Breadcrumbs

A small world of scientific difference

28 April 2010

Bryna

Small World: Waikato University PhD student Bryna Flaim is happy to be back in the world of science.
Photo: Waikato Times.

It’s a bit of a small world, believes Bryna Flaim, an American raised in Santa Barbara. She met her current PhD supervisor, Waikato University’s Terry Healy, at a wedding in New Zealand.

She thought she was done with science after completing a bachelor’s degree in aquatic biology at the University of California. “My mother passed away after I graduated, and I needed to do something different and worked in retail design in Santa Barbara for about four years,” says Flaim.

Then, in 2006, she came to New Zealand for her cousin’s wedding and got talking with Professor Healy. “He knew about my previous science background and had a project lined up, but there was no student in sight. Was I interested?”

The project involved working on a long-time environmental problem facing New Zealand – identifying sites for the disposal of material dredged from Auckland Harbour. Not having been involved in science for six years, she was a bit tentative, but finally accepted and arrived in February 2007 to begin her masters, which continued into her present PhD study.

“There were a whole bunch of sites on the east coast of Auckland, in the Hauraki Gulf, that were used in the 1980s and early 90s, which caused a bit of controversy. People had concerns, such as material washing up on nearby beaches, which wasn’t necessarily the case, but it’s understandable there was opposition to those operations close to shore,” says Flaim.

“As a result of this, some sites were closed. Then, especially after the Resource Management Act came into force in 1991, it became a problem getting consent to do any sort of disposal in the gulf. The reality is that we have to find an acceptable solution because the material blocking navigation channels is building up and something has to be done with it.”

One solution was to dispose of it at an old navy munitions site, east of Cuvier Island. “This is, in fact, what they are using at the moment, and part of the reason my project came about is because they really want to try and not use it,” says Flaim.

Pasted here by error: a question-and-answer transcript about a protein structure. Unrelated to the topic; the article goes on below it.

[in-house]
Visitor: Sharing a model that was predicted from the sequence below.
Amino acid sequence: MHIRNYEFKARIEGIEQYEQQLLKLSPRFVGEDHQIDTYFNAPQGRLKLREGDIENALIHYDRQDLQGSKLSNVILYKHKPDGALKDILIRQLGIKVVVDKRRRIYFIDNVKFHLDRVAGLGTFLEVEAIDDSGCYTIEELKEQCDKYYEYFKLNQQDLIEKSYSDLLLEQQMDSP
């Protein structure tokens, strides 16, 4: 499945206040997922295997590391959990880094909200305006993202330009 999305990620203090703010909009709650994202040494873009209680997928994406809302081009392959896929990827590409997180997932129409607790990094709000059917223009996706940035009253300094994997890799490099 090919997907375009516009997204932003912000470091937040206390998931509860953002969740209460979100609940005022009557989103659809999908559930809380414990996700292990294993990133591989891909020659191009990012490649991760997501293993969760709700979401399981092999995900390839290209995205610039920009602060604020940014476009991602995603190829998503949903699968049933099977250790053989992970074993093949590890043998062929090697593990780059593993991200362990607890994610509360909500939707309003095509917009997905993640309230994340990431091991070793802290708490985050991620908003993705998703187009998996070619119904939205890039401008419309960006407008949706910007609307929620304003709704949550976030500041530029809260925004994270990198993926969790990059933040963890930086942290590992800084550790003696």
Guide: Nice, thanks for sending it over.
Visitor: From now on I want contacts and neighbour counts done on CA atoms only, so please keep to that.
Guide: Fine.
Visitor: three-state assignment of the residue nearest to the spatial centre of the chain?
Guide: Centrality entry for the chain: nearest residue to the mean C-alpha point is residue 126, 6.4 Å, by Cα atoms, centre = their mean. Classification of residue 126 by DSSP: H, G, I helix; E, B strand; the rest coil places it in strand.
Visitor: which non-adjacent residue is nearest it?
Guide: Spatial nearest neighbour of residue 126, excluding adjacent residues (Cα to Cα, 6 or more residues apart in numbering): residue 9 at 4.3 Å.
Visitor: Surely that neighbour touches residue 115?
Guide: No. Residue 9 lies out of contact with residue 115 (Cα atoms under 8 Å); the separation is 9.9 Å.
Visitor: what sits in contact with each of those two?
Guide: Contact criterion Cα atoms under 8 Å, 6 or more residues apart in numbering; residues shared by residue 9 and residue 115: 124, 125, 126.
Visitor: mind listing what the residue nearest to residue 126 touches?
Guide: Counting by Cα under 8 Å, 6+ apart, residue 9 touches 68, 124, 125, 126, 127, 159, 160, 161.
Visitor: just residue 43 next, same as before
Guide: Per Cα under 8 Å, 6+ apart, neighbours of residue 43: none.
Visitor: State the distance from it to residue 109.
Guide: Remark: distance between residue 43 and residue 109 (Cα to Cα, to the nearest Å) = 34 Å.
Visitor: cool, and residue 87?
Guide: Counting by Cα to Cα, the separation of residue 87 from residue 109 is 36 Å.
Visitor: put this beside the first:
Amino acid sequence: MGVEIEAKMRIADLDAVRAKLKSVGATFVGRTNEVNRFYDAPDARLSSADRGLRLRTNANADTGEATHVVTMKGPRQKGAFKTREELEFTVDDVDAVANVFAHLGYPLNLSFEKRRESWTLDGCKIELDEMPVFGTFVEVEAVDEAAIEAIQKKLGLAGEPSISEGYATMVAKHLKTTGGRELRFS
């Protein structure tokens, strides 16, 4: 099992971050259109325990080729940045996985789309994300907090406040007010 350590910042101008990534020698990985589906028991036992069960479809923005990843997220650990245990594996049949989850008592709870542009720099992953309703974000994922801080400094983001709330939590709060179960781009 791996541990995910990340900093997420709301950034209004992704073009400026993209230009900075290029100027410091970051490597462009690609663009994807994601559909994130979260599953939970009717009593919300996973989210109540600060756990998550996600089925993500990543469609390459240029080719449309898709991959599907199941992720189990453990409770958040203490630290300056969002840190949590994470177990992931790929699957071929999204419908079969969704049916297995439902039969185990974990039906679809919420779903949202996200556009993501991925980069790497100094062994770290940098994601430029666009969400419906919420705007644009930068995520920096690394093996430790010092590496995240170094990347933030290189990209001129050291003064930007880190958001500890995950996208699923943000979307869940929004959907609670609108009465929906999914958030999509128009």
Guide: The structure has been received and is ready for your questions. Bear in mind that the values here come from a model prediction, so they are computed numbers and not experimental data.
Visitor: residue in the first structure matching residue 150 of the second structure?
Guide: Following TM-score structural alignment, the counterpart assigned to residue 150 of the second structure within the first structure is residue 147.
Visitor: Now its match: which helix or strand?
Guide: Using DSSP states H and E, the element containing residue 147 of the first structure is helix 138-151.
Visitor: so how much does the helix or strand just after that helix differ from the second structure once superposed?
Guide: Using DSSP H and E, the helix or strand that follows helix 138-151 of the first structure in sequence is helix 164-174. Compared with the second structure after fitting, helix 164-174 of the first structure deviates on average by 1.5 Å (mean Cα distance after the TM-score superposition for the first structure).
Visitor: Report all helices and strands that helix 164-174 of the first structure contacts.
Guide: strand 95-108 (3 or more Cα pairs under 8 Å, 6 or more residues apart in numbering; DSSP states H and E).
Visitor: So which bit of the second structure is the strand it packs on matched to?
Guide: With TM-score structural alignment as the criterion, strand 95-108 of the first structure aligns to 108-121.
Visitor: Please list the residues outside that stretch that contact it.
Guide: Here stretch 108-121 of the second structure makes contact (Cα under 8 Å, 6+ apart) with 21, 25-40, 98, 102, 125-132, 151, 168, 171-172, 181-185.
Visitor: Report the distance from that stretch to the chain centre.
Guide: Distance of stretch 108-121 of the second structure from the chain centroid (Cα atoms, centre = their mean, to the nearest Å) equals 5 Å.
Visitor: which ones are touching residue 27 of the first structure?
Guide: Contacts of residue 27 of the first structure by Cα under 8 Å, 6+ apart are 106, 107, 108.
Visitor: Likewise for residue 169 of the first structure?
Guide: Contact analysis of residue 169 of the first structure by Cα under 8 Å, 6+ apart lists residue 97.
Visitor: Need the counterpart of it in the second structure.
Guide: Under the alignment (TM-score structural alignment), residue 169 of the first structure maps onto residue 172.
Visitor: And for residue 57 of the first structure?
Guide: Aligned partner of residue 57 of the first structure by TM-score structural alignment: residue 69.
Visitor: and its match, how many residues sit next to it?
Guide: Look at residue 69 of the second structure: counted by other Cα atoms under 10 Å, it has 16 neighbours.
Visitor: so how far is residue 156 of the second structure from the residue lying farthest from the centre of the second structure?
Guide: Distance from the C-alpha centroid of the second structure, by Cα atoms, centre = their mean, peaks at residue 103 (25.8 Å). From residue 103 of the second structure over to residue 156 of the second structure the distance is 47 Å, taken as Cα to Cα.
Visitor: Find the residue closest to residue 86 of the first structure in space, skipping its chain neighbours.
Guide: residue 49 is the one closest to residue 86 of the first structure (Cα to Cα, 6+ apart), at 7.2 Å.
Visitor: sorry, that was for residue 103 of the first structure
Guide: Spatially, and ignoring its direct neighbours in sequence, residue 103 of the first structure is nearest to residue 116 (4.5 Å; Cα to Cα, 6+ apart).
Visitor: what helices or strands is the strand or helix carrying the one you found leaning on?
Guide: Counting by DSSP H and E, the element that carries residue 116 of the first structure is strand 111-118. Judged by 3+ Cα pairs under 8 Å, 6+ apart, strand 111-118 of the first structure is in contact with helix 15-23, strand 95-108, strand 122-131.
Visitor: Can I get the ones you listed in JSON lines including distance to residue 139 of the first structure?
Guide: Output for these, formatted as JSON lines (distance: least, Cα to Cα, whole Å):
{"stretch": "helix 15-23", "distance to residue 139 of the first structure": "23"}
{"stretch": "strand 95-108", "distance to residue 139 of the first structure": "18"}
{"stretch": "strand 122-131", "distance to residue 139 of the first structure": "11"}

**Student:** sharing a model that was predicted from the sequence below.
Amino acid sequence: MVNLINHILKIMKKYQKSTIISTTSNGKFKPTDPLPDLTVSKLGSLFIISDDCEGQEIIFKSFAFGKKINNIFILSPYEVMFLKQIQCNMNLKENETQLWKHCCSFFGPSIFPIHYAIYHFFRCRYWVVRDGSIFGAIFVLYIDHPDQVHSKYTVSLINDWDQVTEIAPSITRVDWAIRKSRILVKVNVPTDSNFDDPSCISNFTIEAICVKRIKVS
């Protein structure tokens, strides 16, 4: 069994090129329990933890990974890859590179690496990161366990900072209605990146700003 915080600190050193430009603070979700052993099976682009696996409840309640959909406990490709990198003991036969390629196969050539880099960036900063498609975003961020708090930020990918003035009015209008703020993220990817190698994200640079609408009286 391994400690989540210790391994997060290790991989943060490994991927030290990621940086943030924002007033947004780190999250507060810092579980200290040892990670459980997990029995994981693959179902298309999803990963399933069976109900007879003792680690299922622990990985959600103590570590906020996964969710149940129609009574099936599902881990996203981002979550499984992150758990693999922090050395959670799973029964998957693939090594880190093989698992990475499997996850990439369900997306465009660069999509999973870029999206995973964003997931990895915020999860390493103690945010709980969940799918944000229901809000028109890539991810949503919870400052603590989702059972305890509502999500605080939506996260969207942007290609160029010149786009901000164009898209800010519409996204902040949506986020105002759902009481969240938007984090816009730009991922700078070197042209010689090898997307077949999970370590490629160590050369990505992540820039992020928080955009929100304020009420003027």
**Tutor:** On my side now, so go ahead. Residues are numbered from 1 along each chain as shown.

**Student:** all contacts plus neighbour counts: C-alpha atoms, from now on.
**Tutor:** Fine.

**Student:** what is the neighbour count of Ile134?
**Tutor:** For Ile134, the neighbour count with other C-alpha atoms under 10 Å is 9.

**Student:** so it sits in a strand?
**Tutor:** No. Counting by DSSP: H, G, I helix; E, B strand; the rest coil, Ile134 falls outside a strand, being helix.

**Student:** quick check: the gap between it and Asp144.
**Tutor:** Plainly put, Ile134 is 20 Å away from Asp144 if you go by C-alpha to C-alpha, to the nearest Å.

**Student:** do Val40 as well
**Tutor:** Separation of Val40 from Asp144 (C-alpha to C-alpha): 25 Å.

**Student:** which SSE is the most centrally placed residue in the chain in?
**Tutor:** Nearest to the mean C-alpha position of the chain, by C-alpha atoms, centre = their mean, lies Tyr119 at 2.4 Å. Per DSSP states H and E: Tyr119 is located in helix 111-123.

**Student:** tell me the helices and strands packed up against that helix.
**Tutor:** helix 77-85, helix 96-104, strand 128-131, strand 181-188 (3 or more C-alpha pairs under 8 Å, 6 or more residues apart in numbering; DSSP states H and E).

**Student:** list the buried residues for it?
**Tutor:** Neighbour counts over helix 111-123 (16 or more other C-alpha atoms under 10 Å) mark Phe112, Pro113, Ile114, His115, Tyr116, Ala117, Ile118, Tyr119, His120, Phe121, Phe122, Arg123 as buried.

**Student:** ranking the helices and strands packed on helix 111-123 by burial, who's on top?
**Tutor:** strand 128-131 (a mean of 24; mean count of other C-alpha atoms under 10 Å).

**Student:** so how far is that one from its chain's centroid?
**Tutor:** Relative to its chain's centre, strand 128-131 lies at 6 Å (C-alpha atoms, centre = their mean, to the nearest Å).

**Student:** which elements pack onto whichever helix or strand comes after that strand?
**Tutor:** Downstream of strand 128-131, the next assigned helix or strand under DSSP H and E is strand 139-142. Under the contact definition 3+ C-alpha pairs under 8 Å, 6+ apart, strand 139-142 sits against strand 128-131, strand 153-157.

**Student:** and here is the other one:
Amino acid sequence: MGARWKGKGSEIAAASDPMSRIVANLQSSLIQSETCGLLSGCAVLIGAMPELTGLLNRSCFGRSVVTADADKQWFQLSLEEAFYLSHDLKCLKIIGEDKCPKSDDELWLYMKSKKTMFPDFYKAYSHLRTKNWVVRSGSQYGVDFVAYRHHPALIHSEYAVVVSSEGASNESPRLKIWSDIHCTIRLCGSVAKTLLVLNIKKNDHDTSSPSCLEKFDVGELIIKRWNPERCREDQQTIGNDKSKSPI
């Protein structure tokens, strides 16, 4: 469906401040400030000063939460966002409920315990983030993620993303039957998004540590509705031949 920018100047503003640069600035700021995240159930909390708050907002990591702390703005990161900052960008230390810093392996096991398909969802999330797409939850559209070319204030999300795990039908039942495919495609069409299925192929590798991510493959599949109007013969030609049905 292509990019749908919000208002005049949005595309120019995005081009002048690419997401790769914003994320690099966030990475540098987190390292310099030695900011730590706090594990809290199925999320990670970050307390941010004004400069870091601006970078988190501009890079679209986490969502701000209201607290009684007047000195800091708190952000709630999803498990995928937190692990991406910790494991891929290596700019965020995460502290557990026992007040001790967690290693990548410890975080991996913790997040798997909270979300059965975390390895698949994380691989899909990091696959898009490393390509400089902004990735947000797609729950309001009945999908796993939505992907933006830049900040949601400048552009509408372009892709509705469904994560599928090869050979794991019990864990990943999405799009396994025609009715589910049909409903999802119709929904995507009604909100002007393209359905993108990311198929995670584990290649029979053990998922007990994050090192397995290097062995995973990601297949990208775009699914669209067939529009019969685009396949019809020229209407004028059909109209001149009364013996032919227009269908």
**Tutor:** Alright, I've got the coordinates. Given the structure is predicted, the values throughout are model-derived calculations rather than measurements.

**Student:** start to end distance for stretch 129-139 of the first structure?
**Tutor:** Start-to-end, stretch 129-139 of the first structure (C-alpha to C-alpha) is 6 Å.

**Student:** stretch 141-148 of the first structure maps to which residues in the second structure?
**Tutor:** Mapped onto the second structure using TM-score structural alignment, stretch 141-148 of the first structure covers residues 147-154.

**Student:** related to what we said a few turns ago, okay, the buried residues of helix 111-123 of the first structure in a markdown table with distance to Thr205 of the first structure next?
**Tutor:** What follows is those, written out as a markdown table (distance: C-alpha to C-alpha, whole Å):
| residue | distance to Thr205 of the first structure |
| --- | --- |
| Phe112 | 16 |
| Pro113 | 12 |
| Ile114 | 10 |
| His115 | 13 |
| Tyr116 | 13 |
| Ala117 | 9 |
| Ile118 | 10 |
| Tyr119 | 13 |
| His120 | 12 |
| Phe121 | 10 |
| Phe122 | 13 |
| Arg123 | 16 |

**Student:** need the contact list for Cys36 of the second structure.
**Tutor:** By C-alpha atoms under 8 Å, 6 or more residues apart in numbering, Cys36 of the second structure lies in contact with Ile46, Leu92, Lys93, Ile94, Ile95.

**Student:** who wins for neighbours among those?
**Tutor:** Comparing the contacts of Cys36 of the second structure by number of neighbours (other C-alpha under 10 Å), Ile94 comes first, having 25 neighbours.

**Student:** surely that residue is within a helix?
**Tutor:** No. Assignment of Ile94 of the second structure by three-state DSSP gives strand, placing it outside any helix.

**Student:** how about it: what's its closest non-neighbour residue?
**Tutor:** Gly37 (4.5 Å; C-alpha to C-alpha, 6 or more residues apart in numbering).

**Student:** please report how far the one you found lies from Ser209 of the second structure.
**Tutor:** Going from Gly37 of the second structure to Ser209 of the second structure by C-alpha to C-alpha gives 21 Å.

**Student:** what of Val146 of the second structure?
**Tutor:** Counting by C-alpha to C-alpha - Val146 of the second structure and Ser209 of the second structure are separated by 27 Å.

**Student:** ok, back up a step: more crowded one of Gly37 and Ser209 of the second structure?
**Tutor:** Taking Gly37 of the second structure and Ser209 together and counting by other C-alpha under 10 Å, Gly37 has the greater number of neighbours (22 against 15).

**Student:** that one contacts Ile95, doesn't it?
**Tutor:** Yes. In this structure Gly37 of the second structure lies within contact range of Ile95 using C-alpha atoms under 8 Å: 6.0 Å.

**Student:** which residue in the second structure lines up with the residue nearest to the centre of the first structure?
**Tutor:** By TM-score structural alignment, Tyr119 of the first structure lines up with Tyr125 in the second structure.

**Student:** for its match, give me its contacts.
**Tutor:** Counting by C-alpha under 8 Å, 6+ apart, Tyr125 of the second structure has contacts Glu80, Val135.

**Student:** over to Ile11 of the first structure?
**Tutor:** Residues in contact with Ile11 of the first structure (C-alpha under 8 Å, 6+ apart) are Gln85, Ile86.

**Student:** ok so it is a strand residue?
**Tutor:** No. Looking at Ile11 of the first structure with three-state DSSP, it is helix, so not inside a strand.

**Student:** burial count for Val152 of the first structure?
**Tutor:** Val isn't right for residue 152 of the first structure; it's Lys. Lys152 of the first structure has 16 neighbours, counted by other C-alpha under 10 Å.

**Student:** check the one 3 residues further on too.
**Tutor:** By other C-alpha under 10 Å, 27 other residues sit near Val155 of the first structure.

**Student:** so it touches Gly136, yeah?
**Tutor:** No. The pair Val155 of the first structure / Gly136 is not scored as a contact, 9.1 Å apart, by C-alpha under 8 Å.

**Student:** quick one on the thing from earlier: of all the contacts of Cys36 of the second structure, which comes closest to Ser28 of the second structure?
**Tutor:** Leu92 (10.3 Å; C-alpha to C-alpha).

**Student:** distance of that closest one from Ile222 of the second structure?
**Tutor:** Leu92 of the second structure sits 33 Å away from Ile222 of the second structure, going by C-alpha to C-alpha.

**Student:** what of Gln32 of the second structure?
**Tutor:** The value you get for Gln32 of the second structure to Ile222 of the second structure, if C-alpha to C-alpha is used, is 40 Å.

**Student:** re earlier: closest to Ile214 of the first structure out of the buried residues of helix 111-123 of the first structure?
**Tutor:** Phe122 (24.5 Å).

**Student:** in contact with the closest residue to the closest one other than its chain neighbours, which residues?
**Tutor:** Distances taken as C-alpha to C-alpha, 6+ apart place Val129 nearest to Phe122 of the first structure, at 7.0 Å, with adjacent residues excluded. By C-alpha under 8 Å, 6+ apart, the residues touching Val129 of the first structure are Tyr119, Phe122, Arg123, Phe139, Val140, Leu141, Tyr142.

“The problem is that the site, on the continental shelf, is just too deep to allow any environmental monitoring. And there is the fact that there are unexploded munitions sitting on the sea floor.” The thinking was, Flaim has been told, covering the munitions with mud would make them safer, but it also makes monitoring impossible. Clearly, an alternative was needed.

A proposed site, 25km east of Great Barrier Island and 140 metres deep, had been identified as a possible location when Flaim arrived in New Zealand. Her task is to assess the suitability of this new site and to monitor the effects of test disposals.

In order to do this she has used numerical predictions to simulate conditions at the site and what would happen when material was unloaded. “These predict where this stuff actually ends up. We don’t want it coming within 12 nautical miles of the shoreline.”

Flaim has also undertaken fieldwork to establish a baseline of the site’s condition before disposal began. “Obviously we need to know what its natural state is like. I’ve been taking sediment cores, which allow me to identify the texture of the sediment and any fauna that is there, as well as looking at various characteristics of the water column.”

Flaim believes the bulk of the material will stay where it is put. “Our calculations indicate it’s unlikely to move, once it’s down there. For one thing, it’s so deep, and for another the waves in that region are generally small, so you wouldn’t expect much wave effects at the sea floor.”

Work has started on unloading between 5000 and 7000 cubic metres of dredged material and the early predictions are looking good.

“They started in mid-March, taking it out on a split-hulled barge, and have deposited about 4500 cubic metres so far. I’ve been monitoring the plume that crops up when you actually dump the material in the water. It makes the water look muddy for a little while. And, from what I’ve seen, it is heading off to the east, which is what was intended.”

After being involved with the project for so long, Flaim says it’s great to see it all come together. “I haven’t been on the barge myself, but have been out there twice while it’s being done. It’s working out really well.” There’s another monitoring trip coming up, if the weather permits, then the post-disposal survey work will begin in another few weeks. Sometimes, says Flaim, she feels a little out of her element.

“It is in general, a man’s world; the dredging, the civil works and even surveying and going out to sea. The other day I was trying to teach these fishermen out at Great Barrier how to do water sampling. I had them stationed at strategic points and had given them samplers that are sent down to whatever depth you want and then you send a weight down the line, which hits the sampler and triggers it to shut.

“When it’s brought up, it’s full of water from that depth. I was worried there might be malfunctions but they did great, there was one sample missing out of 72. They were awesome and were so easy going about it all. Hopefully they’ll come out on a future trip.”



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